Personally, I think some of these product placements are tasteless and tacky. It is very obvious to me that the artist is trying to sell something to the viewers and I find it to be annoying. I understand that the artists needs to raise money to create these music videos and it would be okay if artists could be more subtle with the promotion. I would even compromise and say that Katy Perry’s endorsement of the Nokia phone in her music video for the song “Roar” was tolerable. Product placement just tends to get out of hand and ruin the potential for the musician to create an interesting artistic music video. An example of product endorsement going too far is Lady GaGa’s nine-minute music video for her song “Telephone” featuring Beyoncé. In the comments below try to name all the products featured in the music video.

Shot in the dark

There’s a war raging right now and it’s fought with words and logic. The irony of it all is that while this war is being fought with words and logic, it’s about guns and ammo. Gun control or no gun control is a largely heated debate which has kicked up even more with more journalist reporting and social media being on top of so many different aspects of society today. The nation is truly divided and usually this rift comes between people who live in metropolitan areas versus people in more rural areas. Those in a metropolitan area are subject to more violent crimes because of disparity and class division whereas those in rural areas aren’t subjected to this as much and/or have more open areas with which to exercise their use, knowledge, and safety of guns.

A new advertisement is focusing on gun safety while using the 2nd amendment as a focus. For those who may have forgotten, the 2nd amendment is about the “Right to bear arms”. The ad shows the Founding Fathers discussing the Bill of Rights. One thinks the 2nd amendment is too long and doesn’t like addition of “…as long as people aren’t being dumbasses about it” (Evolve, Evolve – The Bill of Rights for Dumbasses).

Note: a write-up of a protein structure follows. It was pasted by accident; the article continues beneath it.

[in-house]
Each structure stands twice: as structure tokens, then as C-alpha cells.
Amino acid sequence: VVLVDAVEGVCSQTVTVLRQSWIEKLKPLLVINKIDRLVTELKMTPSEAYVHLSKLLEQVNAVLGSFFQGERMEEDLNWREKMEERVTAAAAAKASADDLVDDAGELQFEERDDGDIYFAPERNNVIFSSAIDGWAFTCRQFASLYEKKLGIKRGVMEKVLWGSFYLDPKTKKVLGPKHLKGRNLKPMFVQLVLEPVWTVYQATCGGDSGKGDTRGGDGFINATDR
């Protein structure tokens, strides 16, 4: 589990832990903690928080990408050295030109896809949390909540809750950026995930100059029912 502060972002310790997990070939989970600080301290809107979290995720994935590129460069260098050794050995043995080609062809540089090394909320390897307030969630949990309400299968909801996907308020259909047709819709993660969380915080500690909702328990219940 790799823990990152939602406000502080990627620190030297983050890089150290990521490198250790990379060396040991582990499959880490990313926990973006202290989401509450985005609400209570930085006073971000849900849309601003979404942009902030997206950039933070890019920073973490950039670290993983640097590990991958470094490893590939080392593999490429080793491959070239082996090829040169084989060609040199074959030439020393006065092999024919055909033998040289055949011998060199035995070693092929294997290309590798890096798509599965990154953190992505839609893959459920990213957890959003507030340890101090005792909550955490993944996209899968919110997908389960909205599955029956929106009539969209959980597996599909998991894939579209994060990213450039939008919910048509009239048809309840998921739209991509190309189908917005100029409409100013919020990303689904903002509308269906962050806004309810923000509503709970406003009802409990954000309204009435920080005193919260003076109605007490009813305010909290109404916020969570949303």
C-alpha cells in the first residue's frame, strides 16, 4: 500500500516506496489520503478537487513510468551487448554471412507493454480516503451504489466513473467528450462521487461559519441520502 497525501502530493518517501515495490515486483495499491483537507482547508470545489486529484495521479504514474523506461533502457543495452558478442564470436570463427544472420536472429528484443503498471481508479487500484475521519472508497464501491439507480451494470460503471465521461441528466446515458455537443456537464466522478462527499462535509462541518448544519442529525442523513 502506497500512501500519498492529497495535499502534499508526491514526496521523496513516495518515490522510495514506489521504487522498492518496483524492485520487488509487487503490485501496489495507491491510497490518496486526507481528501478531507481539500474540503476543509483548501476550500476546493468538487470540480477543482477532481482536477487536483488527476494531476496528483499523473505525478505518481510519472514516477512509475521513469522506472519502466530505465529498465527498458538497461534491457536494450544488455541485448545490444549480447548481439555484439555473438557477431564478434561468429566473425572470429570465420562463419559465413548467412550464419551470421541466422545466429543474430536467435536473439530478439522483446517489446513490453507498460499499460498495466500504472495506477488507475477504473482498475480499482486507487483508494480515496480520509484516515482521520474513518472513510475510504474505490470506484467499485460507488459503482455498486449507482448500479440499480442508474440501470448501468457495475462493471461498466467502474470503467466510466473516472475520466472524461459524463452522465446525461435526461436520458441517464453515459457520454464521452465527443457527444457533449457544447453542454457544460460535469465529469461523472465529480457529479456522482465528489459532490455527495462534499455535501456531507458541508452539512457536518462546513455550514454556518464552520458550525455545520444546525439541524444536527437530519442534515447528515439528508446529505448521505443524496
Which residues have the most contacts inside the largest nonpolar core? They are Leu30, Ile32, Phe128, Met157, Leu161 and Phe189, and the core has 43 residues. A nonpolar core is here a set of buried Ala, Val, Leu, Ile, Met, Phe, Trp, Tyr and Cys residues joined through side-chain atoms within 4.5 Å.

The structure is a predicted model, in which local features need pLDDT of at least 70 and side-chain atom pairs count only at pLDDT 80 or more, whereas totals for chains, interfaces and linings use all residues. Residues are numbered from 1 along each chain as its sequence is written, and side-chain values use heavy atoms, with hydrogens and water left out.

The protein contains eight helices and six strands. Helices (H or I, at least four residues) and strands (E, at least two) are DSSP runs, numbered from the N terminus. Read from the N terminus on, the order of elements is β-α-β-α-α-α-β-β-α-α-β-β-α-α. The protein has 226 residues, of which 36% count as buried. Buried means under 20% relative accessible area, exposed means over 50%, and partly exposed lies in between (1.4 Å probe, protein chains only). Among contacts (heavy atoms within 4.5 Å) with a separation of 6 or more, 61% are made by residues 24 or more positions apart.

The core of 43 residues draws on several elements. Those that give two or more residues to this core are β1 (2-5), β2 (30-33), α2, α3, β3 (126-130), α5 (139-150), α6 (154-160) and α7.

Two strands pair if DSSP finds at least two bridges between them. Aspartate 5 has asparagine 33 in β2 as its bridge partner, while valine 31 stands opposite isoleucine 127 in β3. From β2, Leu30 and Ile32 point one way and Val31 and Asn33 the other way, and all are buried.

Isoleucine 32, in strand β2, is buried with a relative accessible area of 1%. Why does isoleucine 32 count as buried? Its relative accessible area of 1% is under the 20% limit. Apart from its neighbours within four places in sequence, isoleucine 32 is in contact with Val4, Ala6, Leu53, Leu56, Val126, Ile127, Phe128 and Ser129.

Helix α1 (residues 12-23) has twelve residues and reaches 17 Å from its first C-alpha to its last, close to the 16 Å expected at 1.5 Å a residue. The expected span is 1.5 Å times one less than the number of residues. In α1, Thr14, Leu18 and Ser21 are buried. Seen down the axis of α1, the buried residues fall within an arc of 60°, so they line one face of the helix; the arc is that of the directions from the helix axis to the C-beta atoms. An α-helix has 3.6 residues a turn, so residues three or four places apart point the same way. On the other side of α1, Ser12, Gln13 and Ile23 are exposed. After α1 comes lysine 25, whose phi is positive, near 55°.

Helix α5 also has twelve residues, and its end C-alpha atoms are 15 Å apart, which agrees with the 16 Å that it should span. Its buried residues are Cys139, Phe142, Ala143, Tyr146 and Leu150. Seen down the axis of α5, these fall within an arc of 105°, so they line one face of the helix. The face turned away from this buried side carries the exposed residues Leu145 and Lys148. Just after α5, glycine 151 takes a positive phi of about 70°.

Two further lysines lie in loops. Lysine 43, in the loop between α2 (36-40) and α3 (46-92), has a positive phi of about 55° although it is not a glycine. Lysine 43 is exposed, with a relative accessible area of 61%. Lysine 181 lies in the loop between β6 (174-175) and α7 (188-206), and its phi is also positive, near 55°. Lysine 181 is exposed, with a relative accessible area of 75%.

The ad has “brought a few chuckles” which is a good first step toward opening conversation to such a sensitive subject in America (Barr, 2014). Of course, while intentions may be to bring about awareness, almost everything tends to turn political and head south quickly (just go to any article’s comment section for proof).

Advertisements which utilize humor are common, but with gun safety being a hot button issue, this could resonate badly and further divide the country even more. Having grown up in an area of the country where guns can be common, I understand gun safety and find that it’s very rarely violated except by “dumbasses”. I did notice that it tried to appeal mostly to people with a logical point of view, hence the iteration of calling people who exercise poor to no gun safety, dumbasses.

I thought the ad was humorous and showcased some basic gun safety points, but I think it needs to go further in explaining where people should look for gun safety classes in their area. Perhaps tell them to check out a local firing range, their local NRA chapter, or even any local areas which put on gun safety courses. While I enjoyed the ad and understood where it’s coming from and what it’s trying to promote, some people say it’s cavalier for so serious a subject (Barr, 2014).